Chronicles of Marmia, Day 3

I managed to sleep until almost 6:30 this morning, and I awoke still tired but excited for the day. I have been looking around the hotel that we are blessed to be in, and I am seeing that, as they say, everything is bigger in Texas. If nothing else, a bigger budget than my own created this marble, granite, and crystal architectural masterpiece. As I look out the window onto this suburb of Dallas called Addison, I see big highways and big high rises that I hope to see on the other side of the window later today, not just tomorrow as I flee to the airport…

Mirror, mirror on the wall…

My thoughts are rather random, but slightly deep, this morning. I am tossing around ideas that could transform my curriculum or the way I grade. I am contemplating a new learning management system that could solve all the world’s problems–or at least correct some of the difficulties with our school’s current grouping of online solutions. I am also somewhat anxious about my graduate schoolwork for the week, mostly completed, but those niggling, remaining details that simply must be done–when?

A glimpse of those sensible shoes and practical purses…

But, more superficially, I found myself thinking that I am thankful for clothes–considering how they, like love, cover a multitude of sins (1 Peter 4:8). Yesterday, I felt uninspired, dowdy, and school marmy as I mingled among ladies sharing (not literally) my sensible shoes and practical purse. I then compared that experience to seeing myself in a mirror–all day long. But this morning, as I walked out of my room to get some free coffee from the lobby, I noted myself in the mirror as I awaited the elevator. It made me look skinny! And I admired my streamline figure and long legs (again, thankful for clothes!).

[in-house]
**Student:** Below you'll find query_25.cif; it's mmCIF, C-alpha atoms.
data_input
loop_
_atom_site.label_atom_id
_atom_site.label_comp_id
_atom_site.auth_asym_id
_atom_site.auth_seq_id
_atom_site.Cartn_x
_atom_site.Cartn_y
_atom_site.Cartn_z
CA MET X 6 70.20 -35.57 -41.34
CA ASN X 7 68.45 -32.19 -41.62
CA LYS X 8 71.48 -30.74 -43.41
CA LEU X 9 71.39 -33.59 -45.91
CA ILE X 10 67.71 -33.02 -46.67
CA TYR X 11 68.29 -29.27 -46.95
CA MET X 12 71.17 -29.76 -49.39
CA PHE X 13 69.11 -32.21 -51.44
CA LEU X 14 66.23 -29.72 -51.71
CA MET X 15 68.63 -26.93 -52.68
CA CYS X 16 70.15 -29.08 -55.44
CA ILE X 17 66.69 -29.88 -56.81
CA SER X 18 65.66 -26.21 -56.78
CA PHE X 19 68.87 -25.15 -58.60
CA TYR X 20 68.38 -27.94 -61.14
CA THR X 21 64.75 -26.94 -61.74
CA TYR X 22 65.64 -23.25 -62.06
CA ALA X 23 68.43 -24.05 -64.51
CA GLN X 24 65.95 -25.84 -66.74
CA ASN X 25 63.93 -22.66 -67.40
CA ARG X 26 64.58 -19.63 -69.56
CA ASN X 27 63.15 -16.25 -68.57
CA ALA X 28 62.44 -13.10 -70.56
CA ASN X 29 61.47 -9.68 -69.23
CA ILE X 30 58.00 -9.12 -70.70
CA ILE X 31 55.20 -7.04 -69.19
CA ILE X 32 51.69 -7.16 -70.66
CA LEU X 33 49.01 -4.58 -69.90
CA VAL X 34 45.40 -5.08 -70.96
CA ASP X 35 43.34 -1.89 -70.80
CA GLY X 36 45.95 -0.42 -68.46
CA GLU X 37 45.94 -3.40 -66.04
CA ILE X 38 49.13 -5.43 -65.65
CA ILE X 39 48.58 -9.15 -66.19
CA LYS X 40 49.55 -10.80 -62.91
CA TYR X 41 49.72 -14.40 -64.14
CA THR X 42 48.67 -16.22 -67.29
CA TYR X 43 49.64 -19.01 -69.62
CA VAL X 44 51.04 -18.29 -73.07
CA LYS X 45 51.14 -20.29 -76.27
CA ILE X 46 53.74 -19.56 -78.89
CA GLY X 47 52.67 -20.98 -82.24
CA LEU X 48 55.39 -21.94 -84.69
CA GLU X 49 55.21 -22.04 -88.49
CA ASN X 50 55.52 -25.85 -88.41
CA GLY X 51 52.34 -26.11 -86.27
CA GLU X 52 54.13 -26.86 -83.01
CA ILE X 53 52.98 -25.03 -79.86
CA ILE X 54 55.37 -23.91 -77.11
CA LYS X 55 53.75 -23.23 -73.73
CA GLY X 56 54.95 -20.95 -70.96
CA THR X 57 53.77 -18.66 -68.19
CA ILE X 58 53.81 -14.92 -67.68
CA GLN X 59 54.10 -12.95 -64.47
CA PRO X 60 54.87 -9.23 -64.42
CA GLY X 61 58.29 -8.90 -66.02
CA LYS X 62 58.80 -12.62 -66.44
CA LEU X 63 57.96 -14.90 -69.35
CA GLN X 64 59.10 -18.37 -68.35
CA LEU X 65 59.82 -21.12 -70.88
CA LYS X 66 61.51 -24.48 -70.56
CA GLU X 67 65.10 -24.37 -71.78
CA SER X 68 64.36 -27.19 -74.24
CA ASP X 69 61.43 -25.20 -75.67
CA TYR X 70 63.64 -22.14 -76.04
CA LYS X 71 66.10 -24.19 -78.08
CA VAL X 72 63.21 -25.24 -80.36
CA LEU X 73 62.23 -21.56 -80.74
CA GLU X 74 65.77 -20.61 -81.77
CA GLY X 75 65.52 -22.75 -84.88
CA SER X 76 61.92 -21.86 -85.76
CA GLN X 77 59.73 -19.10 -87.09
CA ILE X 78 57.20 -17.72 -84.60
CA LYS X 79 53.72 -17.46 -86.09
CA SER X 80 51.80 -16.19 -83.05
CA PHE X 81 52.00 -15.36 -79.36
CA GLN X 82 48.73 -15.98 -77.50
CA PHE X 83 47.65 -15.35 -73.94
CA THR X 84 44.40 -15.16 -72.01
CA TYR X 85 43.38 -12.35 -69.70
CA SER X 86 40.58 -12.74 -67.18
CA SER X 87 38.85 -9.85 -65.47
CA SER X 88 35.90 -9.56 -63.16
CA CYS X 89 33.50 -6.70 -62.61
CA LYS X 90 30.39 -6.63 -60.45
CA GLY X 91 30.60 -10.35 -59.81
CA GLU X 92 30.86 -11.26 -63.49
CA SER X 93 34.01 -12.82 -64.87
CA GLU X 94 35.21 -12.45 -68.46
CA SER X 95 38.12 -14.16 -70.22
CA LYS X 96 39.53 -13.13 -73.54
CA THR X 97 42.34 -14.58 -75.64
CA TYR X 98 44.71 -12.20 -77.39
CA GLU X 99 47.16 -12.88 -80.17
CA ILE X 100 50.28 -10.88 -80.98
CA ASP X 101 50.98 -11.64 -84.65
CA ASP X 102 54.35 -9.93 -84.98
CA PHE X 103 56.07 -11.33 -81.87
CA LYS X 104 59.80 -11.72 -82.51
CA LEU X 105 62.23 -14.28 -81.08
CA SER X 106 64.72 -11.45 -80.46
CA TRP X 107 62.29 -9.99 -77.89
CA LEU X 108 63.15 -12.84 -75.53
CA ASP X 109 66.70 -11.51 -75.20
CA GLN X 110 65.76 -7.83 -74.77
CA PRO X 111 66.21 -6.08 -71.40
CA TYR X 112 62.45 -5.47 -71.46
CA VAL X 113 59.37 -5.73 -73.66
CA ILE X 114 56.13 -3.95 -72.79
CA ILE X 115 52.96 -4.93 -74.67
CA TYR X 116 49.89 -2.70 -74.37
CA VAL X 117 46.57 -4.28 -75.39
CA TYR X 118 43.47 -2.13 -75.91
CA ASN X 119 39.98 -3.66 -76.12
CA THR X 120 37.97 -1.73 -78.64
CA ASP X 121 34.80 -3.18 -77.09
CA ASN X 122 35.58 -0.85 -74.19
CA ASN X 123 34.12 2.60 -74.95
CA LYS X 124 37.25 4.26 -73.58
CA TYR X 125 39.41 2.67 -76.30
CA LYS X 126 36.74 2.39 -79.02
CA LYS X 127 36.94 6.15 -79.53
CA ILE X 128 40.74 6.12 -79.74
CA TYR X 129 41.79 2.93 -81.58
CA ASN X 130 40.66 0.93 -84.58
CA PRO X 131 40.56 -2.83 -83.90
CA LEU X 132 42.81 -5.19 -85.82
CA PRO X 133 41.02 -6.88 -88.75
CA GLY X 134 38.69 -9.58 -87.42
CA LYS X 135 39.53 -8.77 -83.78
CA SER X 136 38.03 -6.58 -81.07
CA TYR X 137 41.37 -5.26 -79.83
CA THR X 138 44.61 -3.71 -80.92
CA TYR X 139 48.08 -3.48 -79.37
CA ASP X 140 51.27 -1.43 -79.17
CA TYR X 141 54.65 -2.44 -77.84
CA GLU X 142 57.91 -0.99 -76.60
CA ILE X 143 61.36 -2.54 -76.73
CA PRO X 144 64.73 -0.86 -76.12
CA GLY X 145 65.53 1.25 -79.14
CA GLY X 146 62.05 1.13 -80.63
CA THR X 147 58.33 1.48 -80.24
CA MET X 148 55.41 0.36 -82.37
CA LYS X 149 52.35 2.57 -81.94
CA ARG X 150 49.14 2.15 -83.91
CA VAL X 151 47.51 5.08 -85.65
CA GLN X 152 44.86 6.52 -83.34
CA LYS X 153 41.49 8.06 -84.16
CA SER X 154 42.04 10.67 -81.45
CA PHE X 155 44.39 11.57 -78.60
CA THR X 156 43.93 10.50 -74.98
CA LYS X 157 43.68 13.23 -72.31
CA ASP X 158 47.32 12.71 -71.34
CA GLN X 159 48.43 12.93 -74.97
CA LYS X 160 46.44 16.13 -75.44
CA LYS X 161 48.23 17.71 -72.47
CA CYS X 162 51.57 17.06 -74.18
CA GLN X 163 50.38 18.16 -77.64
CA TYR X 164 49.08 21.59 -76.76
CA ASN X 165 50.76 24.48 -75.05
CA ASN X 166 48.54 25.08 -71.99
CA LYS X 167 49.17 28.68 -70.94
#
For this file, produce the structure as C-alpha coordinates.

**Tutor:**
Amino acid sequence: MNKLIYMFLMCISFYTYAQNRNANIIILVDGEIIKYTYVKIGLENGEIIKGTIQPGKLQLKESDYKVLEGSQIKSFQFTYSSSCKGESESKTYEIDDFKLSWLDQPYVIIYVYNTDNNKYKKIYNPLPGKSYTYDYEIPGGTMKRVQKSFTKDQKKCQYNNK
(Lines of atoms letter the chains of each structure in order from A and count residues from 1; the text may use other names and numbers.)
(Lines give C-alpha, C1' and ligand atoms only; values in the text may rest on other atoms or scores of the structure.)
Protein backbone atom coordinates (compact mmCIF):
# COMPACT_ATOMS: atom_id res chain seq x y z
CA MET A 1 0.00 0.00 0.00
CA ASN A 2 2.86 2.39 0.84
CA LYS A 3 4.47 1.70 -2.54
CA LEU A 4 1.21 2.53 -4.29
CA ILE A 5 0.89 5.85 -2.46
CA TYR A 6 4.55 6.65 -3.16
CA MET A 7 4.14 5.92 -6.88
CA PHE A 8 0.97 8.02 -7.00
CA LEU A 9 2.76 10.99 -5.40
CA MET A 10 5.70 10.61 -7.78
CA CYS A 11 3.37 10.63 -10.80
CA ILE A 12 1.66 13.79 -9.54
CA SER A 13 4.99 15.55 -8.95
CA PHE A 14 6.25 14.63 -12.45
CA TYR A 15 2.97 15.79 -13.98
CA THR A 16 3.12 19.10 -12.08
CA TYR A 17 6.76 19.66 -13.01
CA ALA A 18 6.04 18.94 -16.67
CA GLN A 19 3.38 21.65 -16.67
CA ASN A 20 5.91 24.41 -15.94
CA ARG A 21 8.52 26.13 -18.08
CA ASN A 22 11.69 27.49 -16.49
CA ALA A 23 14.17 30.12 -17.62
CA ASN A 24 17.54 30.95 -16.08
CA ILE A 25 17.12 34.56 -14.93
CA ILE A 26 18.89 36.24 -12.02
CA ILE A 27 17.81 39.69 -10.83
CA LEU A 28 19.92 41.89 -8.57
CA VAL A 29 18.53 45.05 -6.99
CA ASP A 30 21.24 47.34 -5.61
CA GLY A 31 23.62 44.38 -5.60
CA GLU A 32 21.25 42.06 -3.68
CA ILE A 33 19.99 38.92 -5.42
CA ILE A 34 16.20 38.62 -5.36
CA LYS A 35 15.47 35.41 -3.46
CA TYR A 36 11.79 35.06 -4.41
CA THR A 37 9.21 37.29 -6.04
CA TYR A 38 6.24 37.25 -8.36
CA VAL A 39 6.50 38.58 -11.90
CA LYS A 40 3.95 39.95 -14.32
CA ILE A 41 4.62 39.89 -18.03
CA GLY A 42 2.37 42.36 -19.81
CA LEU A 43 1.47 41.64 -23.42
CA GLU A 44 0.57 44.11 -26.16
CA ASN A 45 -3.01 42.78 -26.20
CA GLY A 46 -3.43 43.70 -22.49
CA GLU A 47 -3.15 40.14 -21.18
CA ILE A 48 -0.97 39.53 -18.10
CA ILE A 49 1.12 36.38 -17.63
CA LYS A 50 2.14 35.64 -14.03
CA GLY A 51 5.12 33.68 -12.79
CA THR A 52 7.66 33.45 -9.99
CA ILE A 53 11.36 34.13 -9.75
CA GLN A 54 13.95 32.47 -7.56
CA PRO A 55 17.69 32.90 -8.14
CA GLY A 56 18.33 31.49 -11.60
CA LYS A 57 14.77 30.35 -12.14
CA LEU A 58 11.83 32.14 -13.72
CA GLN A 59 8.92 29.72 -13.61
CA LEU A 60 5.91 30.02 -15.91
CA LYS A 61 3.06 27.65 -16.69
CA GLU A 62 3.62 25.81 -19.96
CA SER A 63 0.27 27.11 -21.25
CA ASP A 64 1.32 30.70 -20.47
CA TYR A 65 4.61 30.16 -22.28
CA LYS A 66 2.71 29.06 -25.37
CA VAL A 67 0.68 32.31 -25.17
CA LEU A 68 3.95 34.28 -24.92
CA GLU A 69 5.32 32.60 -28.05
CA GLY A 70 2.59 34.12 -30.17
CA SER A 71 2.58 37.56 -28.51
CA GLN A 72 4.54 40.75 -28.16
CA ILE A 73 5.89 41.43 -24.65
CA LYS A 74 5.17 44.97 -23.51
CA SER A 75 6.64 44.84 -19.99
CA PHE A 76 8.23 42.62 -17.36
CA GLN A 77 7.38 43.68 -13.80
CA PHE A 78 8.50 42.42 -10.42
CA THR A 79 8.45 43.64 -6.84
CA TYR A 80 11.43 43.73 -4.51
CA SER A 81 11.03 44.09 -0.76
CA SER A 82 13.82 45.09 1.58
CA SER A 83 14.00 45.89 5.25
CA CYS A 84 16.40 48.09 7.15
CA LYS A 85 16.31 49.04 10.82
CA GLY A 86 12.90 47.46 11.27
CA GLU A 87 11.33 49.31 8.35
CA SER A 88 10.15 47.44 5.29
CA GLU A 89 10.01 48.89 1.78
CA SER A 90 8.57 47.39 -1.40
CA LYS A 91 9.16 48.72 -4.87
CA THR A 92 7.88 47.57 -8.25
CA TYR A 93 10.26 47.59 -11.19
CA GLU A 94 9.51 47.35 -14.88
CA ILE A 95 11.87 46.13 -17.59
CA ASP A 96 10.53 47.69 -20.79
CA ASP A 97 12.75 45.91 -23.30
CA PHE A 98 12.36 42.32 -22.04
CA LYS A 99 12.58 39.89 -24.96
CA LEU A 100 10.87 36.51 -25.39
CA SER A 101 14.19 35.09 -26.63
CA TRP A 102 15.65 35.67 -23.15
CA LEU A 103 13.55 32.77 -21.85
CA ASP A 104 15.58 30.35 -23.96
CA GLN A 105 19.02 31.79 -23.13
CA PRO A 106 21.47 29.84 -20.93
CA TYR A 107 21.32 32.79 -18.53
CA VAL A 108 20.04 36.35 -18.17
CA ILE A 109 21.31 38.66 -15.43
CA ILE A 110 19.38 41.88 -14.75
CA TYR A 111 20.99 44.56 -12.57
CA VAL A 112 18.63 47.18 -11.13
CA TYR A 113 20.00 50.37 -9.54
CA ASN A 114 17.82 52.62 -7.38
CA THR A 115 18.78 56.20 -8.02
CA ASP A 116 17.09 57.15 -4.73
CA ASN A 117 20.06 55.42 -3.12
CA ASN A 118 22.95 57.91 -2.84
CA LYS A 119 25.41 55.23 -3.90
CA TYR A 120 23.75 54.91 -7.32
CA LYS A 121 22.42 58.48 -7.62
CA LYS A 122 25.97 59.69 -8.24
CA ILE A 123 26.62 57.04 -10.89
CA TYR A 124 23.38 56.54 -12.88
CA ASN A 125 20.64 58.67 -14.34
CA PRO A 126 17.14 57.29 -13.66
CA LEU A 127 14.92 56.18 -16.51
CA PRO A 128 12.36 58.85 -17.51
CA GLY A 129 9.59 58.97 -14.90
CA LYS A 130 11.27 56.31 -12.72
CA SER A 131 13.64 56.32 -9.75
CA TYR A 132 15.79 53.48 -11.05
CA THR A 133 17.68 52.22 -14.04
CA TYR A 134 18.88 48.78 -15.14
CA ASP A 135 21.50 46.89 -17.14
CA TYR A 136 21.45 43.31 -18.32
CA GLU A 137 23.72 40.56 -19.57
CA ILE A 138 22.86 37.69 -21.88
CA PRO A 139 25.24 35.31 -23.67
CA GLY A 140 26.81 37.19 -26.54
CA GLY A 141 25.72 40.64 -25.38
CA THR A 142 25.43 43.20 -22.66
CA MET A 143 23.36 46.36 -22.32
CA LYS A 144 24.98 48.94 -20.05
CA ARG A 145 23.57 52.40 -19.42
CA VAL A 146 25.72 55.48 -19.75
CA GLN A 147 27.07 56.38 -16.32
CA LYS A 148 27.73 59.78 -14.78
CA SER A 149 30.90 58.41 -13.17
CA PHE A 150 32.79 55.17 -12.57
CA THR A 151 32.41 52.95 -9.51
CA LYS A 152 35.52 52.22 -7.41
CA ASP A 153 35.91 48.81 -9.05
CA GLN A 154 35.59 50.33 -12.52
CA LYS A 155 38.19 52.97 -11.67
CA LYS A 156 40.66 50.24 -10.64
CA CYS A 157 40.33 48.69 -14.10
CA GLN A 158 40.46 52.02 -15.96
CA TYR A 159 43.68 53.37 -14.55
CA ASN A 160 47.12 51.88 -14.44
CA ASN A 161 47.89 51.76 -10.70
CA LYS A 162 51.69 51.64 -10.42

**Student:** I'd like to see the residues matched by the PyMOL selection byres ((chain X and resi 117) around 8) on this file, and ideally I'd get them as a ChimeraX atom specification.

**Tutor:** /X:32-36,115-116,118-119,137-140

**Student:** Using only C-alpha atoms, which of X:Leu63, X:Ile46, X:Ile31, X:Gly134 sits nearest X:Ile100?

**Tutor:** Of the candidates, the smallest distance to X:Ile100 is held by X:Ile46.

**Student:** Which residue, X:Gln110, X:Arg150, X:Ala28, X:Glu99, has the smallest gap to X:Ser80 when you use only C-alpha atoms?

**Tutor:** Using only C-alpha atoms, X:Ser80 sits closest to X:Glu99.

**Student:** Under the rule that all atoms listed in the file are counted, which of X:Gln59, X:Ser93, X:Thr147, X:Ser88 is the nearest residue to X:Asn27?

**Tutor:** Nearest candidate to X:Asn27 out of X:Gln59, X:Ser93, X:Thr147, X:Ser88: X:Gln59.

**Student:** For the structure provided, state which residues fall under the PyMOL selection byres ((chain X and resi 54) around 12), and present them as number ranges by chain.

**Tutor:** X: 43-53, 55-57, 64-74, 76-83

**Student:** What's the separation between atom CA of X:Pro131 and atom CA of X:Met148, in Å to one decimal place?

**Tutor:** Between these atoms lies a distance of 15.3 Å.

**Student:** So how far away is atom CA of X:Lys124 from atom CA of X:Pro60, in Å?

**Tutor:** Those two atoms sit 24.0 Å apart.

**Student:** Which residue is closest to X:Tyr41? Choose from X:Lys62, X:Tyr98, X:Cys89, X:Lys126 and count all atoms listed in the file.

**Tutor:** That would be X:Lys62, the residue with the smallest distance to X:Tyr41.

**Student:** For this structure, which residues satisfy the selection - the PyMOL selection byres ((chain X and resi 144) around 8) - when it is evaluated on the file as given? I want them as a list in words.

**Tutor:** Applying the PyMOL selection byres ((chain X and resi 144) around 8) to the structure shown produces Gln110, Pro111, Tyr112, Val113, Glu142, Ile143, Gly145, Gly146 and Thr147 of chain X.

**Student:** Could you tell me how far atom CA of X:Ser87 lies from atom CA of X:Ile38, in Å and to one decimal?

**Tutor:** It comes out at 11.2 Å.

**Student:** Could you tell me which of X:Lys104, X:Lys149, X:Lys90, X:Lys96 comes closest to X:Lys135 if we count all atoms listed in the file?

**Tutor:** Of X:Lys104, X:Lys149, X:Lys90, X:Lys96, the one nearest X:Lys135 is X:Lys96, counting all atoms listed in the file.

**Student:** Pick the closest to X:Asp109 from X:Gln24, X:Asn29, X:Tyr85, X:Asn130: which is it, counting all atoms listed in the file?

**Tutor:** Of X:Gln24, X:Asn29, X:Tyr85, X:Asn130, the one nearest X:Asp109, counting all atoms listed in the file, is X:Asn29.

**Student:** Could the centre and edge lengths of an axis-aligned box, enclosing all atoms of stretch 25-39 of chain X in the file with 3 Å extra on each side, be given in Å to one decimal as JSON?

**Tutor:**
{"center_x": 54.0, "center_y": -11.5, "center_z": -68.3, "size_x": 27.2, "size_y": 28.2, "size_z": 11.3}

Do you remember fun-house mirrors? How just the shape of the glass determined how you appeared? I remember laughing hysterically with friends as we admired our changing reflections.

A couple of weeks ago, my family stayed at a condo on the beach, in itself delightful, except for the mirrors in the master bathroom. This lovely loo features his and her sink areas directly opposing the other, each complete with three mirrors, one flush against the wall, the others at 45 degree angles. It means that while brushing my teeth or putting on makeup, I can see myself from every angle. And, like Texas, everything looks big. And while Texas may boast about that, me (and my rear end) shrink with shame (or try to).

But the mirror near the elevator was a skinny mirror, and it made me feel good. I then got into the elevator, walked through the lobby for the coffee, and noticed that I was walking regally, thinking myself that elegant, streamlined, long-legged beauty I had just seen in the mirror above.

And I thought, “If a last look at myself in a skinny mirror can result in a changed attitude and demeanor, imagine what I would feel if I could see myself the way my loving heavenly Father sees me?”

I had no idea, as I left for the morning’s meetings, that within the very encouraging message titled “Teaching with Grace,” which included such cheers as “You are going to fail this year,” would be included a related nugget of truth: When God looks at me, he doesn’t see me and my failings, he sees Jesus (or me wrapped in Jesus’ royal robes of righteousness–clothes and love covering my multitude of sins!).

The speaker could not have known the meanderings of my reflections before the meeting or how her words would encourage my soul. She spoke of the conference’s theme–“Repairing the Ruins”–and how it communicated not only the ruins of American education and our hopes for it but also the ruins that resulted from Adam and Eve’s fall from grace.

She pointed out how that first couple tried to cover their sin with fig leaves–just as I try to cover my sins with either declarations of my own righteousness (or simply clothes). We should, instead, be seen in Jesus’s kingly robes!

A skinny mirror can make me think myself as thin and lean for at least a few moments. Reflecting on how God sees me should transform all my moments.

I must say, it transformed my day. Texas may be big, but my excitement over what this school marm has learned–about teaching and the love of Christ–is bigger.

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